Dogs that become devoted to their family, it is best to place this breed in a home where there is someone there most of the time, as they can become lonely otherwise. They will follow their master from room to room and are rarely content in their own company. Owners should be aware of the potential for separation anxiety to develop and should ensure dogs are not overly babied or fussed over.

Always the first to know if someone has arrived, the Pugshire will be up and barking at the first sign of a new household guest. This makes them superb watchdogs, as nothing gets by them! Due to their short stature and good nature, they would not make a good guard dog.


Though smart and capable, many Pugshires possess a stubborn streak and can take some convincing to join in wholeheartedly to training sessions. Owners often have to use some cunning to keep them on side and to avoid them become bored or willful.

Basic obedience cues should be easy for the Pugshire to master but they can take a little longer than others to learn good recall. With enough time and patience, they do have the ability to master most tasks.


The Pug in particular is well-known for the health issues it can face, many of which are due to its extreme conformation. While it is true that breeding them with other breeds can dramatically improve things, Pugshire dogs can still be afflicted with the same health issues – though often to a lesser degree.


BOAS, or Brachycephalic Obstructive Airway Syndrome, is directly linked to the shape of the dog’s skull and is seen in those with snub noses, such as the Pug. These dogs have shortened facial bones but regular soft tissue structures, which struggle to fit inside as they should, causing resistance to airflow and impaired breathing.

As this is a major welfare problem, there is a call to move away from breeding dogs to have a ‘squished’ face and breeders are encouraged to use those with less exaggerated features and to cross-breed.

Patellar Luxation

Patella is another word for knee cap and knee caps that do not sit in position at all times are said to luxate (or pop out). Conservative management, which may include rest and anti-inflammatories, will help some. Those that are more severely affected mat benefit from a corrective surgery.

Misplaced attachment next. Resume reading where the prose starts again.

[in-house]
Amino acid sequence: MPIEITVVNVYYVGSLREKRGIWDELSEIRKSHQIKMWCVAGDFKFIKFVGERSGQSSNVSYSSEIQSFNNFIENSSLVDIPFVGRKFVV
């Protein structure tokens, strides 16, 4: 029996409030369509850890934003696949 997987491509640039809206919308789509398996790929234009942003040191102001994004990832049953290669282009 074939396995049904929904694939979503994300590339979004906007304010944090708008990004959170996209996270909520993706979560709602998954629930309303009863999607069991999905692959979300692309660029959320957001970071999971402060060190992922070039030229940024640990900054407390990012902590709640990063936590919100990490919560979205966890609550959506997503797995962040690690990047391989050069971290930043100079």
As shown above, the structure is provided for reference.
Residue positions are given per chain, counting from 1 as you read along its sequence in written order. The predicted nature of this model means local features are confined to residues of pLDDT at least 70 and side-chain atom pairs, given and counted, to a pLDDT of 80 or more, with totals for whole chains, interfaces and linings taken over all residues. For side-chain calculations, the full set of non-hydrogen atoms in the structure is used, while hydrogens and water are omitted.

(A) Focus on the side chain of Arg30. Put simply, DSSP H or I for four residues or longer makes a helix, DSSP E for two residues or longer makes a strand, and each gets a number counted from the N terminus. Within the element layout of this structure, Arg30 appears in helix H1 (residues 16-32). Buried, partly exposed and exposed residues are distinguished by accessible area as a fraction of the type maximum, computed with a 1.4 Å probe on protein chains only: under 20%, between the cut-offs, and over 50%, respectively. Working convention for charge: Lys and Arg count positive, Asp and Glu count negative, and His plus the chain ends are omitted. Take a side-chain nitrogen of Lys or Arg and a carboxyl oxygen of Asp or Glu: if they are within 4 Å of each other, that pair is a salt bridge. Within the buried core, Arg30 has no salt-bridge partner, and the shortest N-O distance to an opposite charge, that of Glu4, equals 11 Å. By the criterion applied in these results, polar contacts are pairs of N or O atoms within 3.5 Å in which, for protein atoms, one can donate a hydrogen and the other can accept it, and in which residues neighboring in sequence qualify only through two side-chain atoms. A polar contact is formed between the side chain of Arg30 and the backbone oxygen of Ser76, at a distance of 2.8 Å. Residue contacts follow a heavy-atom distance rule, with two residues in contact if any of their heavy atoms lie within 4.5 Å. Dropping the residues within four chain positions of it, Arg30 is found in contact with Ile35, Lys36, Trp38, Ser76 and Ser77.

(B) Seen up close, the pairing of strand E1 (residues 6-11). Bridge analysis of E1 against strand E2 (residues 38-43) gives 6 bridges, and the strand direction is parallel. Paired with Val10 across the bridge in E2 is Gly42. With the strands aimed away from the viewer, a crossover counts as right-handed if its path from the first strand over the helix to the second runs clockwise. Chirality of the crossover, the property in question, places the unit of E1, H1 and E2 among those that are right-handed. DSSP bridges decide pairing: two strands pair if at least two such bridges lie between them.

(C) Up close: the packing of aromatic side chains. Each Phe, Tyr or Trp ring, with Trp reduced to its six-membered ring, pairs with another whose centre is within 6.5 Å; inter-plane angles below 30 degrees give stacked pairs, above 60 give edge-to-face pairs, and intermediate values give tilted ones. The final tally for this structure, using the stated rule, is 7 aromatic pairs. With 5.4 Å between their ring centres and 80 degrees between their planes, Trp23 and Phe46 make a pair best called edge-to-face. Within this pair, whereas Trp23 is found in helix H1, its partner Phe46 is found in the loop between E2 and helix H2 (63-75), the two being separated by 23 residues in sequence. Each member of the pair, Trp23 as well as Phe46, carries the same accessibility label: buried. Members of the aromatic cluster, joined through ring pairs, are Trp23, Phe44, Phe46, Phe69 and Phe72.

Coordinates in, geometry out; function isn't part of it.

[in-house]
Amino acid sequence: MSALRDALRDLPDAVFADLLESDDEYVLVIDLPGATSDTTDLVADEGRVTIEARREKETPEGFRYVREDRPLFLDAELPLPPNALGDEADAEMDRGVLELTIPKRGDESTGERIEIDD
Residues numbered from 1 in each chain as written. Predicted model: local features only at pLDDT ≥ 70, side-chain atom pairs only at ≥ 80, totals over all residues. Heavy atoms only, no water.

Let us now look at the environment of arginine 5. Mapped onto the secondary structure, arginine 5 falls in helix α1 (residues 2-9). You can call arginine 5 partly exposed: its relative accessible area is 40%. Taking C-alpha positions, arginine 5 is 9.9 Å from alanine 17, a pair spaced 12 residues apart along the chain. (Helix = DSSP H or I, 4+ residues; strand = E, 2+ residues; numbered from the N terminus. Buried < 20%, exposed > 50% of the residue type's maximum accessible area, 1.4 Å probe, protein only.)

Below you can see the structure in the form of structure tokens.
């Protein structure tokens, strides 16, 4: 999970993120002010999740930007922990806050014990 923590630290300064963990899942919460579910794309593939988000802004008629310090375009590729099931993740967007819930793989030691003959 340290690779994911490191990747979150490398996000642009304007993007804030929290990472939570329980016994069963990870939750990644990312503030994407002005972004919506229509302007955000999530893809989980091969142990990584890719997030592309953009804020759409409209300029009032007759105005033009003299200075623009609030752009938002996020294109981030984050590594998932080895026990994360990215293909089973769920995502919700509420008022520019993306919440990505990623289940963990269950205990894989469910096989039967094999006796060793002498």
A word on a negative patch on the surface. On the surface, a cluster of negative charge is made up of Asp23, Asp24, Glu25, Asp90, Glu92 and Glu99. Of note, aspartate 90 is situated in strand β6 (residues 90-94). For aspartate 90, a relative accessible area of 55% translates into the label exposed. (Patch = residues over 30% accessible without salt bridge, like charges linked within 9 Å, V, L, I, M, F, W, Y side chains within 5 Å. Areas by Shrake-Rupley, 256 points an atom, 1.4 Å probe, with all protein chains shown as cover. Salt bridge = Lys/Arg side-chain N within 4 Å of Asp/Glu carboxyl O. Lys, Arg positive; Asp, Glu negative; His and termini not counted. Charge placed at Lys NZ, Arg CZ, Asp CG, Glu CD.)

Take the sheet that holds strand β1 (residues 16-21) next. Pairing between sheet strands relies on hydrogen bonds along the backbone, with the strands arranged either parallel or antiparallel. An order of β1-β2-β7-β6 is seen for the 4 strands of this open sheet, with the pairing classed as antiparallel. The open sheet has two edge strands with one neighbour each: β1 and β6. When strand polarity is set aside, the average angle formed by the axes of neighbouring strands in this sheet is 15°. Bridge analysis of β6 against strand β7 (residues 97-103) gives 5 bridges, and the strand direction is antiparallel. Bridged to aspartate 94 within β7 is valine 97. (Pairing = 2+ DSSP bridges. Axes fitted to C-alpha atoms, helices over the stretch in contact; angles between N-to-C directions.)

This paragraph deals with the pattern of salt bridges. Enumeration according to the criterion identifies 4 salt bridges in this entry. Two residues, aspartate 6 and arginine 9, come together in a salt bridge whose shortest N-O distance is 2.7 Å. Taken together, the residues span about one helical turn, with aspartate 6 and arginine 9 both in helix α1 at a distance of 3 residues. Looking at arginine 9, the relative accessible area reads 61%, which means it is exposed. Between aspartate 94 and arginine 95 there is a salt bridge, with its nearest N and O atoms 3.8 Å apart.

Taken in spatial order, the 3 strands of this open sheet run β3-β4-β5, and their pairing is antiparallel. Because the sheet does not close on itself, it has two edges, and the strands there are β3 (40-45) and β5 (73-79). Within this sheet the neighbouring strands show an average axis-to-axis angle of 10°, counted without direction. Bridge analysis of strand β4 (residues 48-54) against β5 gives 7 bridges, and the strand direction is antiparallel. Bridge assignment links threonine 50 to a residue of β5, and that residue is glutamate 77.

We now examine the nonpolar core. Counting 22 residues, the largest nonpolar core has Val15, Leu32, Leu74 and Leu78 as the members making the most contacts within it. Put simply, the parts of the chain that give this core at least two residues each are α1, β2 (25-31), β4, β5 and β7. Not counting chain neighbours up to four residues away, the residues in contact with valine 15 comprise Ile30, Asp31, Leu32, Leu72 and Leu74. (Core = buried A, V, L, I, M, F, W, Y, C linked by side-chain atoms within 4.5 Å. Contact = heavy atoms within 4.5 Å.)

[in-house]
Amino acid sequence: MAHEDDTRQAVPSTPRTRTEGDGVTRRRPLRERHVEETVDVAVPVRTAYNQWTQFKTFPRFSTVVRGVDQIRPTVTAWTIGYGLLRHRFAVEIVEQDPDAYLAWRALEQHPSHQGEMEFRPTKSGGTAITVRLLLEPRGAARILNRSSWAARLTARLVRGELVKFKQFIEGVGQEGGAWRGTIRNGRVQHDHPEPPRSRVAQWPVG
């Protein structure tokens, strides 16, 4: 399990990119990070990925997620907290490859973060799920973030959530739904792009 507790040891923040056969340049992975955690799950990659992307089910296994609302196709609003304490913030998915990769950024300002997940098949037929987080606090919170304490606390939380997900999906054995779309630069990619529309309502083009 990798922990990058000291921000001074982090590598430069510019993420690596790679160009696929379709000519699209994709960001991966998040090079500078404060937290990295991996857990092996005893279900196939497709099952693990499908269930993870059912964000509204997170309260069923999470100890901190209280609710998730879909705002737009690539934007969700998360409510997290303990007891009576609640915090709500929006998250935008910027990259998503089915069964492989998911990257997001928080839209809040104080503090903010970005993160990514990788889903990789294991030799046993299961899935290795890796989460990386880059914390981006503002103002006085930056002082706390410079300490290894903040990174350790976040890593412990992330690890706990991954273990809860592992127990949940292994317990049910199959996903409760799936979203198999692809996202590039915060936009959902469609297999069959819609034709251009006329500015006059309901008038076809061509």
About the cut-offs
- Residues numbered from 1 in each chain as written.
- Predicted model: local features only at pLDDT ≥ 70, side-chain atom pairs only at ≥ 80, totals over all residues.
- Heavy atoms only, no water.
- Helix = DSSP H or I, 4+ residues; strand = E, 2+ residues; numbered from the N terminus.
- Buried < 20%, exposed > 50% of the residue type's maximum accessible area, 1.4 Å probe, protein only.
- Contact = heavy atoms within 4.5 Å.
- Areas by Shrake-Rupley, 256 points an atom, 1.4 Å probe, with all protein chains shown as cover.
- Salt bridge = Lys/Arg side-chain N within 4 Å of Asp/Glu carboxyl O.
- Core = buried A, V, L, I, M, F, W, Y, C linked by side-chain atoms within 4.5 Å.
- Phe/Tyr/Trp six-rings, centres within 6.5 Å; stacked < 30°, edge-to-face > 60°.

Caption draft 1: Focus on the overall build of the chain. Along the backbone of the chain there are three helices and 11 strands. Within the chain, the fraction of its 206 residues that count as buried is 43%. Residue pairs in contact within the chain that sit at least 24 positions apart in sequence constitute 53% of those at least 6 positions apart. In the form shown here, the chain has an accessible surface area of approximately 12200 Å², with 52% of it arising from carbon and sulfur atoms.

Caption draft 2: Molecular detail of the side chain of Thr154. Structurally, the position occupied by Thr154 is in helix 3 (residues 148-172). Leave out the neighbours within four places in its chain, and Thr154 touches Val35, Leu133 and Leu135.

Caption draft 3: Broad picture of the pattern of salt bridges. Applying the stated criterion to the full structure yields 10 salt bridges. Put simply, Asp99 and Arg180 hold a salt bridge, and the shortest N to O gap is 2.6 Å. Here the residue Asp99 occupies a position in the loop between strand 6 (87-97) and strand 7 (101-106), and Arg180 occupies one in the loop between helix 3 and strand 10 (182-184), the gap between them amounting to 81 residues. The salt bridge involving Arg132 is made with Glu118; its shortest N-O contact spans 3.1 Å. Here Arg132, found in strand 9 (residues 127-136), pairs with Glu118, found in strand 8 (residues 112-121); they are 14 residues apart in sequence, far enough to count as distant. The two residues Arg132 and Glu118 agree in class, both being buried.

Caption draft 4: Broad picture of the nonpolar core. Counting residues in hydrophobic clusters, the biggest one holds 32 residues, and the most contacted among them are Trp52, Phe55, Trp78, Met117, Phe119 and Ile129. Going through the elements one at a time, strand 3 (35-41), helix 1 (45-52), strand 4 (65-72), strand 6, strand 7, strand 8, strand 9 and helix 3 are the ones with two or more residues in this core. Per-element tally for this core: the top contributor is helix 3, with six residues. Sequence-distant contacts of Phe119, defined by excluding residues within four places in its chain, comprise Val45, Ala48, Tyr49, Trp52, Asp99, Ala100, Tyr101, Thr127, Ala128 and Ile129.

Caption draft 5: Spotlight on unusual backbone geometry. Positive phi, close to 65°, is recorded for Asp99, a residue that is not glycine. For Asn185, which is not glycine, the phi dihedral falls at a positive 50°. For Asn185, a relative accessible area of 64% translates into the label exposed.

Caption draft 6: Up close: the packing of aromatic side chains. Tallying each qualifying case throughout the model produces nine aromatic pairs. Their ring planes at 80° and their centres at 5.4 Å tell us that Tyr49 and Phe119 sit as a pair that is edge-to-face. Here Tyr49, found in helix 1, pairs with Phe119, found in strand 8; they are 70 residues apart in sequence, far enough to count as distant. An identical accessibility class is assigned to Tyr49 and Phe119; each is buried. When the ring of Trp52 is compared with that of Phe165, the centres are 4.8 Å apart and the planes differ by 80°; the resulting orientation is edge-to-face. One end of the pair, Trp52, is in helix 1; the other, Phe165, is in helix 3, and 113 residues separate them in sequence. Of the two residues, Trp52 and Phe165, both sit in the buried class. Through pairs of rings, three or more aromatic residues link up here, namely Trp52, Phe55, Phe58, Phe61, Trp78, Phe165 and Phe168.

Dry Eye

Eyes that do not produce enough tears can lead to chronic eye infections and even ulceration. A ‘Schirmer Tear Test’ is an easy way to diagnose the condition. In most cases, eye drops can help to control the disease. Uncontrolled cases cause chronic pain and are a real welfare issue.

Exercise and Activity Levels

Though the exercise requirements of the small Pugshire are modest, they should not be ignored. A minimum of two thirty-minute walks a day are suggested and anything else could result in a dog that becomes bored, frustrated and even destructive. Another concern is that these dogs can be prone to obesity and only need to over-eat by a small amount each day to put on a significant amount of weight over time. As obesity can lead to breathing and mobility issues, it is essential to provide the Pugshire with enough exercise.

Don’t let the small size of this breed fool you, the Pugshire is more than capable of running, jumping, hiking and even swimming and can be quite the athlete if given the opportunity. Caution is advised in warm weather, however, particularly for those with a brachycephalic conformation, as they can be prone to breathing issues and overheating.


The short to medium length coat of the Pugshire needs to be brushed twice a week or so to help spread the natural oils and remove any dead fur. Despite the short fur length, this breed can shed a substantial amount.

As the ears of the Pugshire flop forward, there is limited airflow to the ear canals and they can become humid and overly moist. This leads to an environment where yeast and bacteria can proliferate, meaning ear infections can be a real issue. Cleaning ears once a week and always drying ears after they have become wet will help to limit the number of ear infections.